Fordham University            The Jesuit University of New York
 


Fordham University Welcomes Class of 2009

Contact: Megan Dowd
(212) 636-6538
medowd@fordham.edu


NEW YORK— More than 1,500 freshmen have crossed the country—and the globe—and are settling in at the University they say already feels like home after a successful move-in day on Aug. 28. Father Joseph M. McShane, S.J., president of Fordham University, spent the day traveling to each of the University’s three campuses to calm parents that he said might be caught between “pride” and “panic,” and to remind students to make the most of the next four years.

“You will be challenged and nurtured to overcome limitations that you wrongly think you have,” Father McShane told a standing room-only crowd in the Leonard Theatre at Fordham Preparatory School on the Rose Hill campus. “Never be satisfied with mediocrity—be hungry for knowledge and bothered by injustice.”

Father McShane also reminded students to take advantage of all the benefits that go along with attending classes in the capital of the world. “Students at other schools read history—our students walk off campus and see history,” he said. “If you learn from New York, you’ll be prepared to take on and change the world.”

Coming to New York from the Lonestar State, freshman Sarah Weynand said she is excited about attending college in Manhattan, where she can see Broadway shows and meet people from all over the world. Weynand, who scored a perfect 1,600 on the SAT, graduated from Incarnate Word High School in San Antonio, Texas, and is enrolled in the honors program at Fordham College at Lincoln Center (FCLC).

Here’s a look at some other dynamic students in the class of 2009:

Chris Araujo, the first of his siblings to attend college, will be commuting to Fordham College at Rose Hill (FCRH) from Sleepy Hollow, N.Y. Araujo is a graduate of Hackley High School in Tarrytown, N.Y., where he was a member of the Unity Club—an organization that he said aims to “bring minorities together.” He said one thing that attracted him to Fordham was the diverse array of the more than 100 student clubs and organizations on campus, which give him an opportunity to continue the efforts he started at his high school.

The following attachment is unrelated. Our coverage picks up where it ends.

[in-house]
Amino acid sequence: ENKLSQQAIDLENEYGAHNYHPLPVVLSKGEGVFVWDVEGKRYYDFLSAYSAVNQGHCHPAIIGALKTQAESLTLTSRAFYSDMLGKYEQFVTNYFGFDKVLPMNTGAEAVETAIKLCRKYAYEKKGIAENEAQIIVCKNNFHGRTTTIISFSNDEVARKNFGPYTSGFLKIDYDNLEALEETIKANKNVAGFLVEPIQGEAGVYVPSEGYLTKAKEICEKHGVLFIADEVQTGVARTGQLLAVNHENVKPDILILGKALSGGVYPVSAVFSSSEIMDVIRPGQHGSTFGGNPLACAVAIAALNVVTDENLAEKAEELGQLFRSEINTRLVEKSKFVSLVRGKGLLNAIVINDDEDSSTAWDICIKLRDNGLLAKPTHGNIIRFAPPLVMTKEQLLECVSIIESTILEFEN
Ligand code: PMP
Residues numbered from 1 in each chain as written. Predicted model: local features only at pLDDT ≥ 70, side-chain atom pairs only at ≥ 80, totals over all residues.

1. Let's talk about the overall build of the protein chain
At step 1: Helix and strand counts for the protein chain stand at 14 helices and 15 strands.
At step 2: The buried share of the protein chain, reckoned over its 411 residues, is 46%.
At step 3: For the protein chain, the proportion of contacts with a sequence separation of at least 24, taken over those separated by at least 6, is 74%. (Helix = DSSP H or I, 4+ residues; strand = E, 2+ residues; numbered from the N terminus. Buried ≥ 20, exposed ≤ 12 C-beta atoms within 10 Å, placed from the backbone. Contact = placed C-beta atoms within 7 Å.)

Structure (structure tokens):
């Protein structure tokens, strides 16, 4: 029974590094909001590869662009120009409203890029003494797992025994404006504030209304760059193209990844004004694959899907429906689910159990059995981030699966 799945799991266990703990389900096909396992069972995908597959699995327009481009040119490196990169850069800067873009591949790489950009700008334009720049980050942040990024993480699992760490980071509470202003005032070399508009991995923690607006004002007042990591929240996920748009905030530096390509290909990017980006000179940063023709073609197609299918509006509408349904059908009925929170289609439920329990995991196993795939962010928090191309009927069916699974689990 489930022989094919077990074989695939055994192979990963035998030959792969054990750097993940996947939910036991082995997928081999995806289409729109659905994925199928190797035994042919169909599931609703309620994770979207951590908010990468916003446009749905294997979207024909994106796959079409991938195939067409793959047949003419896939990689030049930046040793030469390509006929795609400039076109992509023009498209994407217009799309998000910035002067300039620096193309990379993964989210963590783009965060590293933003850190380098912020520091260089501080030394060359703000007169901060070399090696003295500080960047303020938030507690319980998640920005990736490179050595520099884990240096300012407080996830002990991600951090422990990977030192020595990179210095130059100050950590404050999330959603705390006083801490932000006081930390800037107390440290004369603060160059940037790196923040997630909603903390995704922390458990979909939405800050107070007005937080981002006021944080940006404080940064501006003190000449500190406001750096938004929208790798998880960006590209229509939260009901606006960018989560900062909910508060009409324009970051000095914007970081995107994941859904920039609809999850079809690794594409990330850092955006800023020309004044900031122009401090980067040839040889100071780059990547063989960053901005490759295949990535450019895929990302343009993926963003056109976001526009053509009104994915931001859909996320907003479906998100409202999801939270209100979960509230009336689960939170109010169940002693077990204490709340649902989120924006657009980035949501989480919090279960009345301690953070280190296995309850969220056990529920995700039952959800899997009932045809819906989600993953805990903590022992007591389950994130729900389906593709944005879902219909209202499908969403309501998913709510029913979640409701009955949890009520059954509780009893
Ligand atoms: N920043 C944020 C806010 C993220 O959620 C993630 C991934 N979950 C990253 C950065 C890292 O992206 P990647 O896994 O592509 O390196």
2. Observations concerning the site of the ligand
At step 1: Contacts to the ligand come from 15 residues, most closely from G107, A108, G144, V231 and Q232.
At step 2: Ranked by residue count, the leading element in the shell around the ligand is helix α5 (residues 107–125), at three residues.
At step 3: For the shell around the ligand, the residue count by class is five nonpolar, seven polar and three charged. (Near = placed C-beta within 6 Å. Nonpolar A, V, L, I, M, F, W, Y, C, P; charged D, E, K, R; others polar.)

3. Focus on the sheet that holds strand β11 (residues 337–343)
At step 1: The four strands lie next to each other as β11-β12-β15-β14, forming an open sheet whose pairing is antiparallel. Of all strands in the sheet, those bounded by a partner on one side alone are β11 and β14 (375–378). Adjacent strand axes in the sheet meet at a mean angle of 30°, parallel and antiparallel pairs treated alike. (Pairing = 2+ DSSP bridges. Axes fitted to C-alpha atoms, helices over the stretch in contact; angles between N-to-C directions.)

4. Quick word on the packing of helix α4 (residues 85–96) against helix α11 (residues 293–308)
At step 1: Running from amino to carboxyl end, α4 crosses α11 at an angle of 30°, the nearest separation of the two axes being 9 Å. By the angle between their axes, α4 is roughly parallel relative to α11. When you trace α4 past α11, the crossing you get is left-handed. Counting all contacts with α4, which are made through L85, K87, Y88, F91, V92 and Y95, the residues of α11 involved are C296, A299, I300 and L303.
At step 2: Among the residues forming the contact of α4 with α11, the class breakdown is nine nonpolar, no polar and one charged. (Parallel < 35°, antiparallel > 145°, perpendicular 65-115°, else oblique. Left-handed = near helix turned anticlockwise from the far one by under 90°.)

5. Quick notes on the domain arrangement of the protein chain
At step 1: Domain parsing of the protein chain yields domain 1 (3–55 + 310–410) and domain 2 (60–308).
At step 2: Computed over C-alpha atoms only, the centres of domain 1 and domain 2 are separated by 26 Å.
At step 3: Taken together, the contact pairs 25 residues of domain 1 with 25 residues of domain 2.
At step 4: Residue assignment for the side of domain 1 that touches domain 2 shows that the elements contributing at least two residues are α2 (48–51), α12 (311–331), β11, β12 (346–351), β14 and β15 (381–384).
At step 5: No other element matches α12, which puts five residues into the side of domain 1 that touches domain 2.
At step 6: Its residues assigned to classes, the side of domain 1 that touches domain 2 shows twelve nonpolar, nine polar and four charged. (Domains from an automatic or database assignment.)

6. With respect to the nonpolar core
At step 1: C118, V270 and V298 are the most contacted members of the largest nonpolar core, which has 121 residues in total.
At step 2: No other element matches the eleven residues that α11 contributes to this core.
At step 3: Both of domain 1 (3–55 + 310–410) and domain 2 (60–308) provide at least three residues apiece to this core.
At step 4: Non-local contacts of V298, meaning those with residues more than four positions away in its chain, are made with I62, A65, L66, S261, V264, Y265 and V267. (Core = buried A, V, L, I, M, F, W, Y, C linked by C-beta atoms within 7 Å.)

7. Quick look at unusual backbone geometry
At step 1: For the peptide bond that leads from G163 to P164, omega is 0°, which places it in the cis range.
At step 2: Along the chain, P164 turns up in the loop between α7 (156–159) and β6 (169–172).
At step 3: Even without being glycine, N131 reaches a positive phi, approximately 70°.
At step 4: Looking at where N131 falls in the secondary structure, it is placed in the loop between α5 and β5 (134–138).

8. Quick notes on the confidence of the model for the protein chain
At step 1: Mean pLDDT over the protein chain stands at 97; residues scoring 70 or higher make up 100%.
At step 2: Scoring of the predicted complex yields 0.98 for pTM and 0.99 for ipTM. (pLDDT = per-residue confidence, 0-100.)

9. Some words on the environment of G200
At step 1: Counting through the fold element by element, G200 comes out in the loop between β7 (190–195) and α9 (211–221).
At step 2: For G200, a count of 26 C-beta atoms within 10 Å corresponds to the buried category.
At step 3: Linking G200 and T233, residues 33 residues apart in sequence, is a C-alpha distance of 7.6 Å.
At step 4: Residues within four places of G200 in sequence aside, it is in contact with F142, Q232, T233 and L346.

Tara Nelson (FCLC), from Granite Bay, Calif., was selected as a presidential scholar after earning near-perfect SAT scores. She said the Big Apple was “much bigger” than she expected and “very different than the California suburbs,” but, coupled with the Fordham education, it is indeed the place she will be happy to call “home” for the next four years.

Naujeet Sandhu (FCRH), also the first of her siblings to attend college, will be commuting from Queens, N.Y. A graduate of Brooklyn Technical High School, Sandhu, whose first name means “New Victory,” aspires to one day enter the corporate world. She said the program offered at Fordham’s College of Business Administration made the University her first choice.

Fordham’s incoming freshman class reflects the increasing geographic diversity of the University’s student body, with students coming from as far away as Taiwan, South Africa, Bangladesh and the U.K. This year’s incoming class was also selected from among the largest undergraduate applicant pool in the University’s history. Fordham received 15,200 applications, which is a 7 percent increase over last year and four times larger than it was in the 1990s.

“This has been one of the most competitive admissions cycles in the University’s history,” said John Buckley, assistant vice president of Undergraduate Enrollment. The mean SAT score as of Aug. 17 was 1209, up from 1187 last year. Additionally, 35 percent of the incoming class graduated in the top 10 percent of their high school class, 74 percent graduated in the top 25 percent.

Founded in 1841, Fordham is the Jesuit University of New York, offering exceptional education distinguished by the Jesuit tradition to approximately 15,800 students in its five undergraduate colleges and six graduate and professional schools. It has residential campuses in the Bronx, Manhattan and Tarrytown, and the Louis Calder Center Biological Field Station in Armonk, N.Y.
8/05

 


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